[Post Date]

What is the true cost of e-commerce shopping on the environment?

With the recent series of online shopping events, such as the 9.9 and 10.10 sales, as well as the upcoming 11.11 Singles Day sales, the popularity of retail e-commerce activity is becoming increasingly widespread every day.

In Singapore, online retail sales takings in January 2019 stood at over $201 million[1], and is expected to double by 2022 from 2017 figures, according to CIMB’s Research. Southeast Asia’s e-commerce market was worth $31.5 billion in 2018 and is projected to hit $138.5 billion by 2025.

Added on with the COVID-19 preventive measures, the number of online purchases made by Singaporeans have also increased dramatically over the past few months.

However, is this good in terms of sustainability and environmental conservation? Let us weigh the benefits and environmental impact of physical and online retail.

The Good

The good news for shoppers who prefer e-commerce options is that they generally produce less greenhouse gases and emissions than those who travel physically to the store to browse and purchase their goods – yielding a carbon footprint about 50% lower than that of the traditional shopper.

According to research, about 3.1kg of CO2 is yielded per customer journey whereby the travelling to the stores itself accounts for about 75%[2] of greenhouse emissions in the entire shopping process via the various modes of transportation, while the remaining emissions come from packaging, overheads of displaying the goods and running the store, and returning items.

The Bad

However, even without travelling physically, there are still many factors that can contribute to increased greenhouse gas emissions and carbon footprint produced by e-commerce activities.

The most common and serious form of waste from e-commerce comes from the packaging involved in the entire process. Anyone who has received a parcel from an online purchase will likely attest that their products are usually packed in an excessive mix of cardboard and plastic used to minimise damages. The amount of cardboard used for the 165 billion[3] packages shipped in the US yearly accounts for more than a billion trees alone, almost equivalent to 350,000 hectares of land, which is about five times the size of Singapore.

Another major source of waste and carbon emissions stems from the process of returning or exchanging products purchased online. This process is usually free, and customers have taken advantage of it – with the return rates of e-commerce products spiking by 95%[4] over the last five years. By having the product shipped back to the supplier, replaced, repackaged, and then re-shipped back to the customer, the entire process produces up to 2 to 3 times more emissions than it would for a single journey. Returns in the US alone accounts to more than 2 billion kilograms of landfill waste and 15 million tonnes of carbon emissions every year.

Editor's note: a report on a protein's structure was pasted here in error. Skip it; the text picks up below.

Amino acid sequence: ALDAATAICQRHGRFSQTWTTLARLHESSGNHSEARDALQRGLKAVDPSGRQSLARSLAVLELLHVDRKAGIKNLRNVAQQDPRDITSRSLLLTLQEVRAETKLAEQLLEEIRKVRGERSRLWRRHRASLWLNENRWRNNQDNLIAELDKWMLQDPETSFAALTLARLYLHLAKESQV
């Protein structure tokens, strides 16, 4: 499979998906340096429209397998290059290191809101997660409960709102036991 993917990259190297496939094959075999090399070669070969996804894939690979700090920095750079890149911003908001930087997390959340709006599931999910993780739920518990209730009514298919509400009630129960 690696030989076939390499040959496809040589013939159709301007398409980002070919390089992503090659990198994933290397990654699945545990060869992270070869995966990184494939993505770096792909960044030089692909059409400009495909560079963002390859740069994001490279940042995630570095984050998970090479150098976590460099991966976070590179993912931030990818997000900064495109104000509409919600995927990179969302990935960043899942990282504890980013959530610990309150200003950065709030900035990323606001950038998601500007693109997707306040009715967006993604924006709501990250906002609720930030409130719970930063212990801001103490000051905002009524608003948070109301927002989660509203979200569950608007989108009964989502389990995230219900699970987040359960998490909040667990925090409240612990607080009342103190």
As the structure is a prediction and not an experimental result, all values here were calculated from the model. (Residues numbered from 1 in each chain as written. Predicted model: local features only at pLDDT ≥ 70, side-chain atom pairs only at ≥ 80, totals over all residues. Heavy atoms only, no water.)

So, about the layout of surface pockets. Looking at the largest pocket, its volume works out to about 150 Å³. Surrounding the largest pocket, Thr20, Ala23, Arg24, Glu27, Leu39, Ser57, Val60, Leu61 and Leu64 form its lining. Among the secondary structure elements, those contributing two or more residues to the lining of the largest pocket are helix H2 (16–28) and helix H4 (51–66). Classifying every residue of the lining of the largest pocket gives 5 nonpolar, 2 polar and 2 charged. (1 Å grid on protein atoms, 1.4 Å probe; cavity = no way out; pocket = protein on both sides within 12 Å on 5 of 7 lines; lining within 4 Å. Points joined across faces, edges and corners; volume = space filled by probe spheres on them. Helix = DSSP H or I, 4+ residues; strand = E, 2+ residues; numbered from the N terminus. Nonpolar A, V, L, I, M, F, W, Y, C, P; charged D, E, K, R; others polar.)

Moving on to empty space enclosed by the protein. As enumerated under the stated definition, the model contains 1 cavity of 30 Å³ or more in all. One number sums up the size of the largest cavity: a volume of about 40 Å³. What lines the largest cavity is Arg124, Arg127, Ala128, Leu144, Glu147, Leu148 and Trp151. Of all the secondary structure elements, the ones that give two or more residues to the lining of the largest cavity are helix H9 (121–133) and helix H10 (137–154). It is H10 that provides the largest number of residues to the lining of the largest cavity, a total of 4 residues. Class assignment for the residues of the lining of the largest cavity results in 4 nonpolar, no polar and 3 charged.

So what can you do?

Despite the many ways for e-commerce to create a massive carbon footprint and waste, there are also plenty of sustainable habits we can practice for our online activities:

1. Don’t buy on impulse
Take your time to consider the item you’re purchasing and eliminate any potential chance to return your product. Check out the reviews or do your research to help your purchase decision. By ensuring that your product makes only one trip to your home, you’ll be reducing the carbon footprint of your purchase, contributing to a more sustainable environment.

2. Avoid Express Shipping
Avoid the “express delivery” option for your purchases. Doing so will allow companies to consolidate more orders and their products together into one shipment instead of multiple shipments for single items, hence driving efficiency and reducing emissions.

3. Choosing to go green
Consider retailers and services that provide the possibility for a greener e-commerce journey. For instance, there are several brands that have made the swap from poly mailer bags to biodegradable ones, making use of 100% recyclable paper bags in a bid to reduce its carbon footprint without compromising on customer experience. Alternatively, you can support local initiative such as Package Pals, which collects single-use packaging from Singaporeans either via collection or by mail before redistributing them to retailers for re-use.

A collective effort

While we embrace the convenience of e-commerce as they become the more prevalent method of shopping, there are plenty of resources and initiatives available online helping us to make this process a sustainable one, as it should be and was meant to be.

With a little effort, we have everything we need to change the landscape of retail and consumerism, so what’s stopping you from becoming a greener shopper?


  1. [1] Chong, D (2019, April 19) War on Waste: The dirty (brown) secret about e-commerce
  2. [2] Jiang, E (2016, November 23) Is E-Commerce Really Better For the Environment Than Traditional Retail?
  3. [3] Chong, D (2019, April 19) War on Waste: The dirty (brown) secret about e-commerce
  4. [4] Schiffer, J (2019, July 30) The unsustainable cost of free returns